book of hours


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book of hours,

form of prayer book developed in the 14th cent. from the prayers of clerics appended to the main service. The subjects of the miniature illustrations (see miniature paintingminiature painting
[Ital.,=artwork, especially manuscript initial letters, done with the red lead pigment minium; the word originally had no implication as to size].
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) were frequently derived from the appendix of the Psalter. The book of hours served as a devotional work containing various prayers and meditations appropriate to seasons, months, days of the week, and hours of the day. Many such books are masterpieces of illuminationillumination,
in art, decoration of manuscripts and books with colored, gilded pictures, often referred to as miniatures (see miniature painting); historiated and decorated initials; and ornamental border designs.
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 and were symbols of refinement and wealth in fashionable houses of the 15th cent. Jean, duc de Berry, was among the most renowned collectors of books of hours, and his Très Riches Heures (Musée Condé, Chantilly), illustrated in part by the Limbourg brothersLimbourg brothers
, fl. 1380–1416, family of Franco-Flemish manuscript illuminators. The Limbourg brothers, Pol, Jan, and Herman, were trained as goldsmiths. They succeeded Jacquemart de Hesdin in 1411 as court painters to Jean, duc de Berry.
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 (c.1415), is among the greatest achievements in this genre.
References in periodicals archive ?
Around 1450, the Frenchman Simon de Varie commissioned a Book of Hours from two of the most popular illuminators working in mid-century France.
An "illuminated" book of hours, the English texts appear as slides projected on a "screen" of white rebozos.
The illuminations of the book of hours section of the Murthly manuscript are accorded equally close scrutiny.
The Reformation section includes a vestment made for the opening of Henry VIII's chapel in Westminster Abbey, Katherine of Aragon's chasuble (a religious vestment), a locket containing Mary Queen of Scot's hair, and Cadinal Wolsey's Book of Hours.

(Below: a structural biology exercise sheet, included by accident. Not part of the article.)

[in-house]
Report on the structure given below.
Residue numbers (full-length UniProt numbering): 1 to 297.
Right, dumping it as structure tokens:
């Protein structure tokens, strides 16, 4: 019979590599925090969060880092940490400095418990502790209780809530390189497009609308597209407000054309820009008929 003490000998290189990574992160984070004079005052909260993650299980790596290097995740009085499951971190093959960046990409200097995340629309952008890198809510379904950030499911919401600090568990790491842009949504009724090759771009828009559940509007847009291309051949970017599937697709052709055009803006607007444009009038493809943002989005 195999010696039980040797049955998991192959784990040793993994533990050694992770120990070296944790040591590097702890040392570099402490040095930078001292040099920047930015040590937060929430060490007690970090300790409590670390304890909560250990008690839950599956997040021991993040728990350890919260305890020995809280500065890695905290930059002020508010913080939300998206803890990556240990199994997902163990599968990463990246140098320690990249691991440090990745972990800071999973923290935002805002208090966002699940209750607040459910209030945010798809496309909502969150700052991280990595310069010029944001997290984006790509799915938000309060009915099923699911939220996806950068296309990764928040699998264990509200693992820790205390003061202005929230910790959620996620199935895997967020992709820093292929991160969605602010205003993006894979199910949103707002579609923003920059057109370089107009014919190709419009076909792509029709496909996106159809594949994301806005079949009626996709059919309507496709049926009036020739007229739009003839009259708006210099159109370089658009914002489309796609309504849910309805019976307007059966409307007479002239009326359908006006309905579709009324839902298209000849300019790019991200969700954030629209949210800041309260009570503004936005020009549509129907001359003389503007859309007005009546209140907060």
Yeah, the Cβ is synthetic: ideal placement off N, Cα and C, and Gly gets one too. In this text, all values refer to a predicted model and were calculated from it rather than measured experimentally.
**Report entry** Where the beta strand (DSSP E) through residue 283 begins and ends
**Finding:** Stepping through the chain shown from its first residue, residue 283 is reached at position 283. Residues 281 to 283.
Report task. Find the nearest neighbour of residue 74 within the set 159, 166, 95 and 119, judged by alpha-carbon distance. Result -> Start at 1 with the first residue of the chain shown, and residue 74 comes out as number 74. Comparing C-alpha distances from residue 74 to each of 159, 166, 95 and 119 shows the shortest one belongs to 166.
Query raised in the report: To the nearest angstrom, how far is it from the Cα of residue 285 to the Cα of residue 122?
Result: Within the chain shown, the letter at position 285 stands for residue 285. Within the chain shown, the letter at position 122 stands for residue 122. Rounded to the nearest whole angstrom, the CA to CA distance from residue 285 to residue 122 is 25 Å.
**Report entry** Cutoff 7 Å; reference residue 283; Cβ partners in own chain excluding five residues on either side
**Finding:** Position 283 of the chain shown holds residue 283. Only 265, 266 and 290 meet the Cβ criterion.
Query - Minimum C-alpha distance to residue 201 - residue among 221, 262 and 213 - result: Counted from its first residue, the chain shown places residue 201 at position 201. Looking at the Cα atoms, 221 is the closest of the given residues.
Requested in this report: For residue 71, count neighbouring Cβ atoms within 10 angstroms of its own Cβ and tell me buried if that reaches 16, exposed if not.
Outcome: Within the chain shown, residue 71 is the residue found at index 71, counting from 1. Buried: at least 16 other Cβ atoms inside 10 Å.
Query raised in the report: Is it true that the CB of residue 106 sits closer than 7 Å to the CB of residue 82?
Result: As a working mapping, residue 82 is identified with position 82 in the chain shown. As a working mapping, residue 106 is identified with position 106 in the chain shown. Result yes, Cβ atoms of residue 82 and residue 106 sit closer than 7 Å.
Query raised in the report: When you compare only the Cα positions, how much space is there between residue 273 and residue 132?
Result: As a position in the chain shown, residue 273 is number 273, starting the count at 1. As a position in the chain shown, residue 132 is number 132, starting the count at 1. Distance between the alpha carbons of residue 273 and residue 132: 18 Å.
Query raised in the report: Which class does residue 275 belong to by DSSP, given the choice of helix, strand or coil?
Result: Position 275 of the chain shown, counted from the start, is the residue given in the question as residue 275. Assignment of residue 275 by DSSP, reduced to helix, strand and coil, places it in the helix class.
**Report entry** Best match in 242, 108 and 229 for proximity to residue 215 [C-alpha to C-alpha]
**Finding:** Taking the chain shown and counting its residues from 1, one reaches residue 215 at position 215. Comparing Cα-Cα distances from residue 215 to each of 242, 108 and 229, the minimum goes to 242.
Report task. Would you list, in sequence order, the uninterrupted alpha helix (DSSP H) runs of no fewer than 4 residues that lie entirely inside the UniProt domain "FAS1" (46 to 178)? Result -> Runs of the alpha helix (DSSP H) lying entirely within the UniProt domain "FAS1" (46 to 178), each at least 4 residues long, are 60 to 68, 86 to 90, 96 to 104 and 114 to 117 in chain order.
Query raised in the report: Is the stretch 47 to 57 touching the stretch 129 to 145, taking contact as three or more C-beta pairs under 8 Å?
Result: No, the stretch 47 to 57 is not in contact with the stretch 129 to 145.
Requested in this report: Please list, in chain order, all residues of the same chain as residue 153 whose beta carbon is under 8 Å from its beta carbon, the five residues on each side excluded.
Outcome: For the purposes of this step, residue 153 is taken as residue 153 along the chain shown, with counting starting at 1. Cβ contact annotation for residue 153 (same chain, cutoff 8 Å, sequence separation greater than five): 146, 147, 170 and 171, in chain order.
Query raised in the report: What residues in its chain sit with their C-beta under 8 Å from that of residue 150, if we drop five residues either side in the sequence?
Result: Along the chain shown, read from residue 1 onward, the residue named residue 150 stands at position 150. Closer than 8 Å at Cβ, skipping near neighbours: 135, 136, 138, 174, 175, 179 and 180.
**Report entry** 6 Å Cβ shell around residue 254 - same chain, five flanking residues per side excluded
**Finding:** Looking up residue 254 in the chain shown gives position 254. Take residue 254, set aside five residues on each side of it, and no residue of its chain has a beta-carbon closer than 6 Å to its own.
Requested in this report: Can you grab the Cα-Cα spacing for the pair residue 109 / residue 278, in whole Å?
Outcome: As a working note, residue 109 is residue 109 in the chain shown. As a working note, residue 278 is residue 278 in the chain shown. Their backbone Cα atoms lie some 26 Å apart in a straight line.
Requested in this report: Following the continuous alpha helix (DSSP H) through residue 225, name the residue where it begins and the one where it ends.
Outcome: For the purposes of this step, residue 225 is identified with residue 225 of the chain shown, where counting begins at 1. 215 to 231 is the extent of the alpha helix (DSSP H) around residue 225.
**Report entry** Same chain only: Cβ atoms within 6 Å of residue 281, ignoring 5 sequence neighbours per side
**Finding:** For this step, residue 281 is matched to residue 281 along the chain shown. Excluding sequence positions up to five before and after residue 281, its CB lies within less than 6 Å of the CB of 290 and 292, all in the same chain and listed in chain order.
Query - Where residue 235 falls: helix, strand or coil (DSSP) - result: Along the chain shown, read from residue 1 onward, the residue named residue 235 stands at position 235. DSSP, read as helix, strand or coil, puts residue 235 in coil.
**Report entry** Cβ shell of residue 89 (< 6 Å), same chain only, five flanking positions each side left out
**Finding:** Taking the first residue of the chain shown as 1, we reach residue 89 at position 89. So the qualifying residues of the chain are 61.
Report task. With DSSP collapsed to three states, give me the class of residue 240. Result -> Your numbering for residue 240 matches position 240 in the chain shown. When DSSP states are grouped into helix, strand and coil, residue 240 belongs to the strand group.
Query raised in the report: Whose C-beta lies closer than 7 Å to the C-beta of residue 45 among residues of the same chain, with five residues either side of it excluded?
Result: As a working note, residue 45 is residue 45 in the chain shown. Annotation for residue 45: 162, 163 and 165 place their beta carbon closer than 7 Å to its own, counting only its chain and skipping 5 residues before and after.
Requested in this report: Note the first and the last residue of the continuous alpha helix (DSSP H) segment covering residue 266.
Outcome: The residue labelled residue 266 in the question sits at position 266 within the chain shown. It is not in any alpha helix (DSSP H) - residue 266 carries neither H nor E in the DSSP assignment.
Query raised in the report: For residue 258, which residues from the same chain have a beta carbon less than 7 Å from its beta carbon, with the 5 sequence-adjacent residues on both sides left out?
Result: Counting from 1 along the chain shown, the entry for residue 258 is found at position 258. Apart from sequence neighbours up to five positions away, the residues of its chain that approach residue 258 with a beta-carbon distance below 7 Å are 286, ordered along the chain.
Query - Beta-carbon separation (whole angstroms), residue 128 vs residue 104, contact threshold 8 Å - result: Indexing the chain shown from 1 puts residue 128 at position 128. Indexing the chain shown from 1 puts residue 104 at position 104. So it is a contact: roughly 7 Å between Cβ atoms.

THE ILLUSTRATED Book of Hours or prayerbook (shelf mark 096 R66 HV) in the Rare Books Collection appears to be one of only four extant copies of an edition which, according to the colophon, was printed in Paris in 1508.
The Book of Hours was so called due to the fact that it contained different prayers for different hours of the day and different times of the year, reported The Independent.
Here you entered a book of hours populated by characters from Aesop, Grimm, Perrault, Lewis Carroll, and the Great Goddess of My Body, My Self, owls mingling with cats, bats, birds, butterflies, and babies, with Red Riding Hood and the wolf, with dead heads, dead monkeys, and head frogs, with pink bosoms, self-replicating vulvas, brains, and kidneys, with bluebeards and spinning spinsters, with doilies, moons, and masses of matted hair, with Dorothy, Alice, and Emily D.
In "A Further Illuminated Devotional Book for the Use of Lady Margaret Beaufort," Janet Backhouse focuses on the "long-lost principal page" (222) of a Book of Hours (London, BL, Add.
Saint Thomas' notations in his prayer book, the Book of Hours, reveal his fears, hopes, thoughts, and inner struggles throughout his fourteen and a half months imprisonment.
Bella Millett's careful study argues for Ancrene Wisse as a kind of early model book of hours, making a strong case for mendicant influence in the development of books of hours and drawing parallels with the earliest Dominican constitutions.
I saw single pages from a Book of Hours on sale a couple of years ago at a London booksellers.
These days Barker is busy with a book of short stories for children titled Clive Barker's Book of Hours, spending his days writing and his evenings painting the book's more than 200 illustrations.